A lifting guide for new moms from BabyZone provides parents with an important reminder: many mothers suffer from repetitive stress injuries from the daily physical demands of lifting, carrying and loading their infants into the car seat, high chair and crib. Preoccupied with the demands of newborn care and postpartum recovery, many moms easily overlook the fact that the regular care of a new baby can take its toll on many parts of the body, including neck, upper and lower back, arms, hips and knees.
A guide such as this is an important resource for learning how to avoid injury and muscle strain. In addition to complementary care such as regular chiropractic adjustments and massage therapy, we highly recommend following an informed set of lifting guidelines. Here are some of the best practices found in the article that we support and advise to our new moms as well.
When carrying a car seat: many moms make the mistake of putting the car seat handle over their forearm. They lean sideways at the hip to accommodate the bulk and weight. This strains muscles in the back and will eventually cause pain to the arm holding the seat. Instead, grip the handle with both hands and carry the car seat in front of your body. Avoid standing and holding the car seat when it isn’t necessary- if you pause to chat outside your car, put the car seat inside first, or set it down at your feet.
When lifting your baby out of the crib: Make sure to lower the railing. BabyZone’s guide is right to point out that lifting and holding the infant at arm’s length puts too much pressure on your spinal disks. Your arms will tire much more easily the further the baby is from your body. Instead, lower the railing, bring baby close to you, and lift from your knees.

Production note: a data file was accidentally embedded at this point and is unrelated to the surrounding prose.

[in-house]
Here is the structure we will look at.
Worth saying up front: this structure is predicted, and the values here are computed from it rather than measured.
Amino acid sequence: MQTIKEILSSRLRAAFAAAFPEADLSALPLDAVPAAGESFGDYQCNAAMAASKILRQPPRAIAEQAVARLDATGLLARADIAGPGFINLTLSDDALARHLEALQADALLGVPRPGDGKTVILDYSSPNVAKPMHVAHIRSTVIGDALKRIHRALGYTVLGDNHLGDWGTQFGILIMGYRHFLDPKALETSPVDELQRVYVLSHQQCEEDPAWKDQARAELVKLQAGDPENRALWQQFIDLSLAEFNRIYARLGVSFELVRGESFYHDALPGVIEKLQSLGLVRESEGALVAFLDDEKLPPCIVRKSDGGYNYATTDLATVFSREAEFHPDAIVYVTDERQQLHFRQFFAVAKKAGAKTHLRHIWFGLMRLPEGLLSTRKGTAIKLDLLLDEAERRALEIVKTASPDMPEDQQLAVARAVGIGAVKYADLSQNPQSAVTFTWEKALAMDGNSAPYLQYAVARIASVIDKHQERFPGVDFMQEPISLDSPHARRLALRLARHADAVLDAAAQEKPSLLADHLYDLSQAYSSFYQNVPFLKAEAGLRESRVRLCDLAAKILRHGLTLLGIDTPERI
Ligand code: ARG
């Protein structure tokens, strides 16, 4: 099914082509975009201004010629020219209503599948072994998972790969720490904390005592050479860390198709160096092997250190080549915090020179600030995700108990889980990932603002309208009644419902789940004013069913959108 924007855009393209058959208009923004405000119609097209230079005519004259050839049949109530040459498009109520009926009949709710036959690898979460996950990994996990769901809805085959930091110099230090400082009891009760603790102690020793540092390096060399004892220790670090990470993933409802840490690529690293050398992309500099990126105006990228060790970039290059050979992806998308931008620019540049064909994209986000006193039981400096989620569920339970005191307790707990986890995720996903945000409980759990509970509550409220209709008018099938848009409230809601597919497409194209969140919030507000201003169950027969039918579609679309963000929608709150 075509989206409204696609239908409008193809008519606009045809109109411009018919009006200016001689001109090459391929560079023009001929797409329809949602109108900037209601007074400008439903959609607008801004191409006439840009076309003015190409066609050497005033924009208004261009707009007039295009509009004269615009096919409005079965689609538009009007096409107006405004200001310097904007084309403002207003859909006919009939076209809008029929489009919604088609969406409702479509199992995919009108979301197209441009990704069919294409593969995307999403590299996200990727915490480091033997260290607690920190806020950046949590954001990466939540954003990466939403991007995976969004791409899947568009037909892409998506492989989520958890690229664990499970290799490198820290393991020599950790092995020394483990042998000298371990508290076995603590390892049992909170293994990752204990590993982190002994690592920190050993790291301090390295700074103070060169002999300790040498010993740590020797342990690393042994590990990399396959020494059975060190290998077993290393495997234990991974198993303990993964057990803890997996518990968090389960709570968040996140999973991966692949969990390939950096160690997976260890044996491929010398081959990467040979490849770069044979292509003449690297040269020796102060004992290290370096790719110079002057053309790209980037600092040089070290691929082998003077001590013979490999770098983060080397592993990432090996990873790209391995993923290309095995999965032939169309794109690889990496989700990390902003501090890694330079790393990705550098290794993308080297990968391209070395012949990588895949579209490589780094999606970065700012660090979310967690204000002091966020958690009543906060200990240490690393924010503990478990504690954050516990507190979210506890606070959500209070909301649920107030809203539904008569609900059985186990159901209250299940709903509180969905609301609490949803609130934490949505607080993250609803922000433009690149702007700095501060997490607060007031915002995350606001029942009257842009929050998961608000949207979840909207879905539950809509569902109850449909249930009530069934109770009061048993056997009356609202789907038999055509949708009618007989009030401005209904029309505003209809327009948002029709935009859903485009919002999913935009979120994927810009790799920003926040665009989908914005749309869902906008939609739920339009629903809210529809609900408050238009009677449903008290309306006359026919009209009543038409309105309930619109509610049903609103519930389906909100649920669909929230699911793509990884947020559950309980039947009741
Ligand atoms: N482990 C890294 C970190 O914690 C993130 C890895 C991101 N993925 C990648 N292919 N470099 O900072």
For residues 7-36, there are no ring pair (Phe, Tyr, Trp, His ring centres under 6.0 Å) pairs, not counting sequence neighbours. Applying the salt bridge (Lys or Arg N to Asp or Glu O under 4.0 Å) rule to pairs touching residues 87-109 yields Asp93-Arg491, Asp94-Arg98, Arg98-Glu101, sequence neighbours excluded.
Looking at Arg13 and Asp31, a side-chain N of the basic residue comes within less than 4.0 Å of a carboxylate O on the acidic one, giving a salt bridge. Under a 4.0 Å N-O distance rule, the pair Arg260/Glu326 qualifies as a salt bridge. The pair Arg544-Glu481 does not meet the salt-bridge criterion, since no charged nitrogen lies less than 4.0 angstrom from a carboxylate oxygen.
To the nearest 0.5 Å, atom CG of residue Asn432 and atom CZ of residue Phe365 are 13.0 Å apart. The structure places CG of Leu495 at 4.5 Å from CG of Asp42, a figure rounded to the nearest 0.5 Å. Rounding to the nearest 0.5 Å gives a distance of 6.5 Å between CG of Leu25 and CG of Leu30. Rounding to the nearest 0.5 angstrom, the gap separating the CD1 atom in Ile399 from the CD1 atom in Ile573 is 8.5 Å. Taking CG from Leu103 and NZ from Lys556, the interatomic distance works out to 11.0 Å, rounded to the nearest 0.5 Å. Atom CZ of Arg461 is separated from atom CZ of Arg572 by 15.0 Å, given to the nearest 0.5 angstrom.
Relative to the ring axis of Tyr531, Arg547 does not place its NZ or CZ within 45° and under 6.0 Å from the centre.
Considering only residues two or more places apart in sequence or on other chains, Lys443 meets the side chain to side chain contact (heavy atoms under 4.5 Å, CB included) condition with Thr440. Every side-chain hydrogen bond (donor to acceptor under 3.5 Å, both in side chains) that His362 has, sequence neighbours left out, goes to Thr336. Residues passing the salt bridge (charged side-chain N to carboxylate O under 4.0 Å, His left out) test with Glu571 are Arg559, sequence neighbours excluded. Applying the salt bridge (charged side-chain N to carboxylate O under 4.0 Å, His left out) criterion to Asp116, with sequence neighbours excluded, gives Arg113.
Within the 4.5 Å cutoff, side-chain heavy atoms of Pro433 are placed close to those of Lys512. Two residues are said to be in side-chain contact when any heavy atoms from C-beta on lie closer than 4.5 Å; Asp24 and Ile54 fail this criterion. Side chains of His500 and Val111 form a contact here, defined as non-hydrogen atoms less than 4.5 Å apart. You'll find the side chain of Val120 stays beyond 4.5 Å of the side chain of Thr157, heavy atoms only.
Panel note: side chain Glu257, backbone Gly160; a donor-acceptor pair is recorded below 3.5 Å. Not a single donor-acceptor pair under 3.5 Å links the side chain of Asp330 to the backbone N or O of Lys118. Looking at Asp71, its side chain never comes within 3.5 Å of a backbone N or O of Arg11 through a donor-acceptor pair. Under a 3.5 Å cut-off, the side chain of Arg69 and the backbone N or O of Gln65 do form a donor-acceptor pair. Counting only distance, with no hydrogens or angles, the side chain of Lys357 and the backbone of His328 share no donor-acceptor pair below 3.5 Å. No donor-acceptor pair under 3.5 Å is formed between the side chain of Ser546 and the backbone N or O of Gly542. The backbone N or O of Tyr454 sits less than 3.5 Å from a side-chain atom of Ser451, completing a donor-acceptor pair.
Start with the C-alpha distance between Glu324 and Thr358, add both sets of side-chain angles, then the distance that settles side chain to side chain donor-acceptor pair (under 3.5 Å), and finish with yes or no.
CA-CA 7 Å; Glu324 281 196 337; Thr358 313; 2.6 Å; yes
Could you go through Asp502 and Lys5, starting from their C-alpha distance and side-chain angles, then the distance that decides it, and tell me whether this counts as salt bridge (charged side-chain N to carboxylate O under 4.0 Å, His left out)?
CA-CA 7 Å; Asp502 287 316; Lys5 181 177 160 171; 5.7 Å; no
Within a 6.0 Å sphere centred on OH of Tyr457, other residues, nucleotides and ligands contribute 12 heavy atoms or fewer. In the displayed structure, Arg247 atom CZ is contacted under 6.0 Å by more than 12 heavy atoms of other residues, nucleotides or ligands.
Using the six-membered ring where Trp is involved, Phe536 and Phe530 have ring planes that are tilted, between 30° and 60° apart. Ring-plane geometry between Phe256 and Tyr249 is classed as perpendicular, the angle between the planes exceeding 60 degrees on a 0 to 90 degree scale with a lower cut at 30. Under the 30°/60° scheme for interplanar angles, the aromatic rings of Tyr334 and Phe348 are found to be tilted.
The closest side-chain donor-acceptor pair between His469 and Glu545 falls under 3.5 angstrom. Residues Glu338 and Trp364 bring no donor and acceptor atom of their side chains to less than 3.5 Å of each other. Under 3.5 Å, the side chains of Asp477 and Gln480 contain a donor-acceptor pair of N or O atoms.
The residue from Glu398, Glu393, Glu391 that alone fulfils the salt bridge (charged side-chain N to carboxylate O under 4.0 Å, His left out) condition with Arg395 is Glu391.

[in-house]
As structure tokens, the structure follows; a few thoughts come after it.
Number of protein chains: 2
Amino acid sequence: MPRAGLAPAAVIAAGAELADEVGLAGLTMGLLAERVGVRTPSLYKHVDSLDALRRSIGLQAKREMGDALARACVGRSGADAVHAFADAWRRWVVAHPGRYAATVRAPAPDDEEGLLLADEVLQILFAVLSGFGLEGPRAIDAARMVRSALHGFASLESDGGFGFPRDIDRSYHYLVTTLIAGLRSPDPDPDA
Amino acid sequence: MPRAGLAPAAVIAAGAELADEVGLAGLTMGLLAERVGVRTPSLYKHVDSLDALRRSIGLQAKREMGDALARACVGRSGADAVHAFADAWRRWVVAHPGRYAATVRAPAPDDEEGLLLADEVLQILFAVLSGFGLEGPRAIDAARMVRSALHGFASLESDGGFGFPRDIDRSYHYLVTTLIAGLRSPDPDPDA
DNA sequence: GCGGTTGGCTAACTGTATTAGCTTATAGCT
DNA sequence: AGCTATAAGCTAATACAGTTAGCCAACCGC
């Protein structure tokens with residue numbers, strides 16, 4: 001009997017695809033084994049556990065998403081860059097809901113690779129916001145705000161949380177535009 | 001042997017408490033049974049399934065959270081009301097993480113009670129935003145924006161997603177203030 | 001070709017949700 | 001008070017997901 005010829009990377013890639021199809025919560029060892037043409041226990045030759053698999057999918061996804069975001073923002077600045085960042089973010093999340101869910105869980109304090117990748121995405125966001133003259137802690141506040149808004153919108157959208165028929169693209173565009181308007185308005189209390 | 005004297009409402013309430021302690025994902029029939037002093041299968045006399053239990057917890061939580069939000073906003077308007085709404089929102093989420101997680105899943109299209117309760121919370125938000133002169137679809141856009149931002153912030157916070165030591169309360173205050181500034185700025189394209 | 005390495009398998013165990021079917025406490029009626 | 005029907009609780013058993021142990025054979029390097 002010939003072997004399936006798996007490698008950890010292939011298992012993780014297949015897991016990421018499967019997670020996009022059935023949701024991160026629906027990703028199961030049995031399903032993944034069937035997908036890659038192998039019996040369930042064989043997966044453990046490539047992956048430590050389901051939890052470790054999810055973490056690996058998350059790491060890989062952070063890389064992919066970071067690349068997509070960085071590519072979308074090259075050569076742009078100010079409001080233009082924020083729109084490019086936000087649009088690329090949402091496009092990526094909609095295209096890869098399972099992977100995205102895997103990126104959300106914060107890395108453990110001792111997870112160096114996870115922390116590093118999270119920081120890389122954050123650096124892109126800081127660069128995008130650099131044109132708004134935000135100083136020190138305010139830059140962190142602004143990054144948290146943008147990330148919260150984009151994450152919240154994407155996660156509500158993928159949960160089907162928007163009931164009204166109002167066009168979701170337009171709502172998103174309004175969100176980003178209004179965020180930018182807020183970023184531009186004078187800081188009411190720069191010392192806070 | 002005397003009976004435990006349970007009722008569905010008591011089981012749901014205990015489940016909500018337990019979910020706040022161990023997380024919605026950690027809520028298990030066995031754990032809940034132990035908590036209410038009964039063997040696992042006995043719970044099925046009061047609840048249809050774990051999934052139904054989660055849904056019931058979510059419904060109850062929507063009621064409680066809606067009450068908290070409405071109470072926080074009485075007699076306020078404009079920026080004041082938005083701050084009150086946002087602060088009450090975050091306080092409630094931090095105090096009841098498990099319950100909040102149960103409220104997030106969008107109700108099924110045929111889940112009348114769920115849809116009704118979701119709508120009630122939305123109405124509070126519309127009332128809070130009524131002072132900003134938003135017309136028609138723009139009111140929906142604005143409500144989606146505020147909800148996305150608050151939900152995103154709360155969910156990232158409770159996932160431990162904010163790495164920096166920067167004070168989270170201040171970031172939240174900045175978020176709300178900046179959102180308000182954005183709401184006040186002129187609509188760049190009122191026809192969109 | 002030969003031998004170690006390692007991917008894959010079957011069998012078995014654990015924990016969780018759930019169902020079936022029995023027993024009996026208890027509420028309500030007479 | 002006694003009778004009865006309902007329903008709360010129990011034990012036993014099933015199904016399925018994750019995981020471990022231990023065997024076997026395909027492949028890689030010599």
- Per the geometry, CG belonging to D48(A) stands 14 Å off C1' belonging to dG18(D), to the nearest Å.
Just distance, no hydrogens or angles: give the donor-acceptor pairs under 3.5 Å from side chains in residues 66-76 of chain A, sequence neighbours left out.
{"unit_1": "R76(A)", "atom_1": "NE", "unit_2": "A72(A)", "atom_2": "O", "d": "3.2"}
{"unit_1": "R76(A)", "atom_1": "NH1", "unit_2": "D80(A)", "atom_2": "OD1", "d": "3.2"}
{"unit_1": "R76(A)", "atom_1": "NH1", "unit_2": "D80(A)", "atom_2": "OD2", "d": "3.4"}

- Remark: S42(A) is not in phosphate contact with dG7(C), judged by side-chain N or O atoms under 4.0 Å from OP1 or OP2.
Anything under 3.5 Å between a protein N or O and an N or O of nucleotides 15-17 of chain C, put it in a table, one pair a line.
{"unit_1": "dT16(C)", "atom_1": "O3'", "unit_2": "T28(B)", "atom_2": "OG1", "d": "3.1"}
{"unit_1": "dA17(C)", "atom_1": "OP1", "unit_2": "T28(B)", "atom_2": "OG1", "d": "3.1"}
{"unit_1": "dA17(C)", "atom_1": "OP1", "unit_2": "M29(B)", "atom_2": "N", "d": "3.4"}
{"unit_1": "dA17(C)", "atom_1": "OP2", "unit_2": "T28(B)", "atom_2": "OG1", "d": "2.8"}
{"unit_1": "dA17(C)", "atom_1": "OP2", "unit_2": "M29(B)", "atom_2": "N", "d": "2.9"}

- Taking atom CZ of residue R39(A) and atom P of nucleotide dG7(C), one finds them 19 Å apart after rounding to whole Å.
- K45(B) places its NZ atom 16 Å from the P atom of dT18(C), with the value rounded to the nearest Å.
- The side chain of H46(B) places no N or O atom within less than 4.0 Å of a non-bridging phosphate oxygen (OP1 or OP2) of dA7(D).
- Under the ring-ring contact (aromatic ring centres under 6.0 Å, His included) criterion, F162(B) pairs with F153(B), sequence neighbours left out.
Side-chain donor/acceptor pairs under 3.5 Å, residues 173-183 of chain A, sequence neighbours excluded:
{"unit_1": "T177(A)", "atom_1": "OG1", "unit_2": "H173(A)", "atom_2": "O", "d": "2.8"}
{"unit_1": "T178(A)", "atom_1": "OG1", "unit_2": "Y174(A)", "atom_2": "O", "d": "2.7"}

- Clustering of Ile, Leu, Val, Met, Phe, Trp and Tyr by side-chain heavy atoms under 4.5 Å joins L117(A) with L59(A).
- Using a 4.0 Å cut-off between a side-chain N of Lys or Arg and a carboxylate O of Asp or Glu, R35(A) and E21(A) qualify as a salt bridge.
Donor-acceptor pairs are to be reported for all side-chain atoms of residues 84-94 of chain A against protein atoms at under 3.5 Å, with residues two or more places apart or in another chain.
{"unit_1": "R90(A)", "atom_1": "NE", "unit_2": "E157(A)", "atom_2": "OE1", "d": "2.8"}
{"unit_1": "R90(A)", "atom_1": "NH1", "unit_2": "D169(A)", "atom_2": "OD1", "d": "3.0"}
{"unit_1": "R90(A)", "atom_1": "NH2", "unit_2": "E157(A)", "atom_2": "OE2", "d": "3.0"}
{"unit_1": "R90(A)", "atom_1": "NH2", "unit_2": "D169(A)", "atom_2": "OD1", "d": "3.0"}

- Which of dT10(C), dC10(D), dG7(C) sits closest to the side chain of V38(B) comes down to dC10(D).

Another common mistake occurs when lifting your toddler up onto your lap. Most moms will lean forward and pick the child up while still seated themselves. BabyZone warns that this increases the weight of pressure on your spine anywhere from 3 to 10 times! To your spine, you’re no longer lifting a 15lb toddler- you could be experiencing as much as 150lbs of stress to your spinal discs.
Instead, get on the floor with your baby. Kneel on one knee and lift using your whole body. Then sit down together on the chair or sofa.
With any of these daily lifting scenarios, be mindful of your own discomfort- if you start to feel recurring pain or think you’ve injured yourself, don’t ignore it! Repeatedly stressing the same muscles and discs could exacerbate the problem quickly. Instead, treat your body well, be careful when lifting, and remember that caring for an infant or toddler can be a major physical demand.